Your charming personality; the sweet things you say to the member of the regular company, or the directors; your perseverance and “pull” avail nothing when the director, his assistants, the cameraman and the laboratory technicians assemble in the dark recesses of the projecting room to view a run of the negative…It might be well to advise the stage professional that his or her pet scheme of makeup for the footlights must be forgotten. Usually a great reluctance is shown. Many stage stars believe in their superior knowledge of what is most suitable for their particular type. Theirs is a sad mistake. (Bernique, 1916, pp. 172-3.)
Thus, early movies display a bit of trial-and-error–some actors plastered on the greasepaint, while others wore just a touch of powder (to the occasional relief of directors). Skin was often lily-white–it not only “normalized” faces but was considered attractive and youthful (at least until Doug Fairbanks Sr. popularized tanning). White chalk was sometimes added to hands, to help them match the faces. Eyes were nearly always lined with kohl to help them stand out. For sensuous temptresses like Theda Bara, heavily lined eyes became a trademark.
By the 1910s makeup was adapting itself to the screen, especially once closeups were involved. It was unique in some ways too–in many Edwardian films it wasn’t unusual to have the main actors heavily made up while extras wore little greasepaint to none, helping the actors stand out.
What colors were used back in the days of blue-sensitive film? Again, there was quite a bit of trial and error. The face tended to be yellowish, while eyes and eyebrows were black or brown. Rouged cheeks were taboo since they made people look alarmingly gaunt onscreen. Men usually left lips bare, but women applied a bit of red–or brown–lipstick. Theda Bara vividly recalled what it was like to work in such getups: “I shall never forget the terrible experience of my first scene. I had to wear a makeup in the public street and I felt like a lost soul…The whole world seemed to have turned into human eyes.”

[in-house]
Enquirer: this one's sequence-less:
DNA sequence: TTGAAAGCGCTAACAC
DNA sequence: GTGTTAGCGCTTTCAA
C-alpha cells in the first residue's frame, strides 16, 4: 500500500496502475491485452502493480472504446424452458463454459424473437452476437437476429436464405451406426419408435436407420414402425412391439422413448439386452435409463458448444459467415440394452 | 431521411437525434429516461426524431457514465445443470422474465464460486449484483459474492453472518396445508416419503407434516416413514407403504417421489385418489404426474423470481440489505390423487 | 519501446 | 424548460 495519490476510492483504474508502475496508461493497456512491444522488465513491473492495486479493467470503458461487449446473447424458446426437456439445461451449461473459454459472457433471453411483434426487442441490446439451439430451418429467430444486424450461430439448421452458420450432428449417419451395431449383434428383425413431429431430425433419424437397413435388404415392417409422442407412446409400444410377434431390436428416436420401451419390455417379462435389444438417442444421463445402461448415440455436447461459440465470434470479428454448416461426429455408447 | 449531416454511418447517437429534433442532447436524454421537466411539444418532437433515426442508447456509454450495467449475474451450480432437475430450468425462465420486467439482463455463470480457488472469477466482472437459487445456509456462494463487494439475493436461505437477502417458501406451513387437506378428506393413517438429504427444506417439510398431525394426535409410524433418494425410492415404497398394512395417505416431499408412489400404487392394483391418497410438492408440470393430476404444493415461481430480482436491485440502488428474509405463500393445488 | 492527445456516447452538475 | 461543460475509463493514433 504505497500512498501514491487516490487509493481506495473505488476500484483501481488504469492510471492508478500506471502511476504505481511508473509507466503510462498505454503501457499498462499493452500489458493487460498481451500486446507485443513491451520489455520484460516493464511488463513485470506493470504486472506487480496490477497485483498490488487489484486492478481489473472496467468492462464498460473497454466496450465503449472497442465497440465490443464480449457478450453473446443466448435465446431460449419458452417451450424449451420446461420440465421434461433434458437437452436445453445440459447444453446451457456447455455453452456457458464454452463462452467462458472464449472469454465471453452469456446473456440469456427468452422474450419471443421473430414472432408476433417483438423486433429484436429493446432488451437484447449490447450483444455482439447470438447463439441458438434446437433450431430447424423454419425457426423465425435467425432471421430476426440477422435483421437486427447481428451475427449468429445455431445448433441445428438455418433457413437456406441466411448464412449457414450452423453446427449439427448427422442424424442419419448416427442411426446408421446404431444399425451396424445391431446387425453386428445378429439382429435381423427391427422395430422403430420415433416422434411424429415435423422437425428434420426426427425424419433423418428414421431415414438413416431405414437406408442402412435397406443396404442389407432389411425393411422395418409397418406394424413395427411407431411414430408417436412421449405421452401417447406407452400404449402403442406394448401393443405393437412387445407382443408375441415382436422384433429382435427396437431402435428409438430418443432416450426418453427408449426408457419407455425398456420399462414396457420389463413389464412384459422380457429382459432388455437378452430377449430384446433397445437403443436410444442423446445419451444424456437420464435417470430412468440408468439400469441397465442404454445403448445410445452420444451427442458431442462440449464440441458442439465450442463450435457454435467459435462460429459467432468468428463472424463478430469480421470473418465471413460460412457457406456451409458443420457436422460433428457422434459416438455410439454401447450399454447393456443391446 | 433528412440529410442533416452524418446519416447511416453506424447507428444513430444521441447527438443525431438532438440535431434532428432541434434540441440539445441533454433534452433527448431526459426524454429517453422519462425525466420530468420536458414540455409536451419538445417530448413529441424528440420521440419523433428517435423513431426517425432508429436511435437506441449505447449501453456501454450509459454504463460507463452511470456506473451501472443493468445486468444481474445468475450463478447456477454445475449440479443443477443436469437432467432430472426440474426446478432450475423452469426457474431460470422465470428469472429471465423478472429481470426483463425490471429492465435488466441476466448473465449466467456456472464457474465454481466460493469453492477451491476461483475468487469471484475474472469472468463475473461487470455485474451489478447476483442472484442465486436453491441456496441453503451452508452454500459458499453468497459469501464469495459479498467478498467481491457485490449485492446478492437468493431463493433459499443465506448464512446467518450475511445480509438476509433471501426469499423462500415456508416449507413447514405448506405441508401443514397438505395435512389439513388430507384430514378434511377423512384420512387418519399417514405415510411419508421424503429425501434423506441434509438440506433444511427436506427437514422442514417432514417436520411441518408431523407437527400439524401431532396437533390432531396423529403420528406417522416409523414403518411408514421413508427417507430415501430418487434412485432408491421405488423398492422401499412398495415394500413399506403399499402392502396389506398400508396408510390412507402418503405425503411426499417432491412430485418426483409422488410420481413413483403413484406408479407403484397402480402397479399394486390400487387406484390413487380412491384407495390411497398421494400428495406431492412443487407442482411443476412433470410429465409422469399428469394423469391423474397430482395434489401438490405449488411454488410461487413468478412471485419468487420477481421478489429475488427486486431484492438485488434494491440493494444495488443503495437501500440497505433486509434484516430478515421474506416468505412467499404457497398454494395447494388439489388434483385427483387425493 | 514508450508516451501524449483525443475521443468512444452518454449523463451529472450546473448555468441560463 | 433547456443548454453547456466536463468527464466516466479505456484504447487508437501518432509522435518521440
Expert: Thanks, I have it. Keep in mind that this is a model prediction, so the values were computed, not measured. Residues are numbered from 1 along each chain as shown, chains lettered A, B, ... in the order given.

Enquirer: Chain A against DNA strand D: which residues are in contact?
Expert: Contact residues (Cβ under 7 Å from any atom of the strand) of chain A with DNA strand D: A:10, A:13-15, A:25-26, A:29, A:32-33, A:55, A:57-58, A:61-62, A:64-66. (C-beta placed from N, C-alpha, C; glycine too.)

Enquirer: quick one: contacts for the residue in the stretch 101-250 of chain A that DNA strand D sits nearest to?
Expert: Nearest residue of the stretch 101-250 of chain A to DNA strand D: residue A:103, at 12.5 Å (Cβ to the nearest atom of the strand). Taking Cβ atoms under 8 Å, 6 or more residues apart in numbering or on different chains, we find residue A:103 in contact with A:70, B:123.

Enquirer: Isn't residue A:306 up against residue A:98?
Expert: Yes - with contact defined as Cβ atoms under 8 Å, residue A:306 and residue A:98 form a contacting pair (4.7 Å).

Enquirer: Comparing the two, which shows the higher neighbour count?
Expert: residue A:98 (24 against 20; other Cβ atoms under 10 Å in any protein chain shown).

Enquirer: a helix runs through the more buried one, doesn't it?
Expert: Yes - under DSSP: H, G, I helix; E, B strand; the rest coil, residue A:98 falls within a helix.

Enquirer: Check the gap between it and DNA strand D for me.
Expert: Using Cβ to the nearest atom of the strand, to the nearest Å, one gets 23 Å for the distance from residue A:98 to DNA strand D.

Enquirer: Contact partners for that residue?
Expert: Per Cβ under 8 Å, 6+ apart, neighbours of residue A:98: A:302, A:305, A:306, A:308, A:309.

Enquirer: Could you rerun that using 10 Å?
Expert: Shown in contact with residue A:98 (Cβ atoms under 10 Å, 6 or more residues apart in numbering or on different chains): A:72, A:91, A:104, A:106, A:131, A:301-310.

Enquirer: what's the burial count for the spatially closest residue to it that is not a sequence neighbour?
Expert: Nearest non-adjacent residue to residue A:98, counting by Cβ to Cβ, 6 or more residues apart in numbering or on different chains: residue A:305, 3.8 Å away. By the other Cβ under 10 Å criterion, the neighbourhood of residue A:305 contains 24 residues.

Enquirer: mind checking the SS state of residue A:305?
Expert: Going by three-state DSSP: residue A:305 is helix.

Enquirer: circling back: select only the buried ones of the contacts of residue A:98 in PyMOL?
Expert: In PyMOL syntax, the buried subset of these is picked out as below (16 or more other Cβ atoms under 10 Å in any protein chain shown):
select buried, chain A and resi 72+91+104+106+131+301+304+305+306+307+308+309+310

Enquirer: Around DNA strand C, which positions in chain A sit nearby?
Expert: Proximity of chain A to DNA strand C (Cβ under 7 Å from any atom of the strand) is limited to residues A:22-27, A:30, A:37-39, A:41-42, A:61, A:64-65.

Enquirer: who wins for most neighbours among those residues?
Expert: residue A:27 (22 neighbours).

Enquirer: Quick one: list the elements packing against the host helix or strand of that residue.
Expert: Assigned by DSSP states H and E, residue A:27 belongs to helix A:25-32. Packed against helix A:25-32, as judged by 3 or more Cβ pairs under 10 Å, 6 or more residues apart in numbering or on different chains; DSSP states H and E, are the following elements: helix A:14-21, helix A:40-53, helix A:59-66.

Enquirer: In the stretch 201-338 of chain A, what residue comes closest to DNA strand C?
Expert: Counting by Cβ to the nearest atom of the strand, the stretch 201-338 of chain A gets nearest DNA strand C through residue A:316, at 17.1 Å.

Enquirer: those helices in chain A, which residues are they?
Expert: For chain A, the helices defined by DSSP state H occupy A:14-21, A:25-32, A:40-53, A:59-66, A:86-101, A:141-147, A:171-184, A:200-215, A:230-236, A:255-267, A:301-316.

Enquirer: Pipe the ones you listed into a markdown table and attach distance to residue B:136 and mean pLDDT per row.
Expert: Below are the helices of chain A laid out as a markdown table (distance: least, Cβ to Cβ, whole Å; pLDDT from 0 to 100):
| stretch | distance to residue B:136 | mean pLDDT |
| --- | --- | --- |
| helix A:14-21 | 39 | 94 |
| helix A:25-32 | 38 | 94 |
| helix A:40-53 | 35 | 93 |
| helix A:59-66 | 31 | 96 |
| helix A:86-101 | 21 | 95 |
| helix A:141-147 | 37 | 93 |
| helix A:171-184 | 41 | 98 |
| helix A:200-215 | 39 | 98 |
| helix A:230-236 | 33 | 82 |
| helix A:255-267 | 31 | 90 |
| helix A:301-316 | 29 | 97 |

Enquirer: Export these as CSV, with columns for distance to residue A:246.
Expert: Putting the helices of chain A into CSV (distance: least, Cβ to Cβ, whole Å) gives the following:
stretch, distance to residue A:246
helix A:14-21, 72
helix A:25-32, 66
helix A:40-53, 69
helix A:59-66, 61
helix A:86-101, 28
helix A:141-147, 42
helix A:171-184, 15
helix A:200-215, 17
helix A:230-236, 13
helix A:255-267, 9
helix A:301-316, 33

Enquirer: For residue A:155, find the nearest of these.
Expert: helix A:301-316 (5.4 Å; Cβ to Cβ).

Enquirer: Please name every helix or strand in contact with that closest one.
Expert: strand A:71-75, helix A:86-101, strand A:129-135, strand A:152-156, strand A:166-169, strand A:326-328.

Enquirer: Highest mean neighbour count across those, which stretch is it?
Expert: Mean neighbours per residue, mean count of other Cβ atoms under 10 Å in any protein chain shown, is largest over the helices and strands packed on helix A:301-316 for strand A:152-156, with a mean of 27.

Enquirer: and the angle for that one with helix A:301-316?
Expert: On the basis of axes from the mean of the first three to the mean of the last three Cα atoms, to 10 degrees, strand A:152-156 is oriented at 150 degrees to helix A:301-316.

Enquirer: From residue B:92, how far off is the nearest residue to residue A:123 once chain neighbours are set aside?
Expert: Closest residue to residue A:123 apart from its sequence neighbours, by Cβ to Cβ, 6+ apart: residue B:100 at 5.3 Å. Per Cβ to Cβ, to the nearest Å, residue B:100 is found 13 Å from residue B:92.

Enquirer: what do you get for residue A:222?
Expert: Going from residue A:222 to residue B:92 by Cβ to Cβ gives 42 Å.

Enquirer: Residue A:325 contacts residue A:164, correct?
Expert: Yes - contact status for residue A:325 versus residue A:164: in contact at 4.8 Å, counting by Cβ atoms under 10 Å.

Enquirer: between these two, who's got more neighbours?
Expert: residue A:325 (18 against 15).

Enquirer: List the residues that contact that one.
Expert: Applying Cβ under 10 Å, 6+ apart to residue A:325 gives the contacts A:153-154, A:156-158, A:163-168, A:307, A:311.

Theda’s latter sentence was certainly true. Audiences picked up on the varying qualities of film makeup, and sometimes comments made their way to film magazines. Here’s one sarcastic observation from Moving Picture News, 1911:
Soon there were different tones of greasepaint for men and women, making it easier to appear natural. There was also a range of colors for playing “ethnic” roles, as was common back then. Special powders were designed just for film use. In 1914 Max Factor kindly took a lot of the guesswork out of makeup by releasing his “Supreme Greasepaint,” which came in twelve shades. By the ’20s it would increase to thirty-one.
Now, if there were exceptions to the rule of trying to look “natural” onscreen, they were certainly snapped up by the silent comedians. All the crepe mustaches and floppy costumes of the vaudeville stage were carried over to film. Faces glared white, eyes were often heavily-lined, and the painted-on eyebrows were nothing short of luxurious.
The makeup not only screamed “CLOWN,” but went hand-in-hand with “comedy” to early audiences. (I also wonder if any of it was supposed to be lampooning the makeup of serious dramas–satire and exaggeration were comedic staples, after all. Just a thought!) The tradition began to fade by the late ’20s, when it became fashionable for comedians to adopt slick “everyman” appearances. Chaplin was one of the few holdouts, wearing his signature mustache and eyebrows up through the ’30s.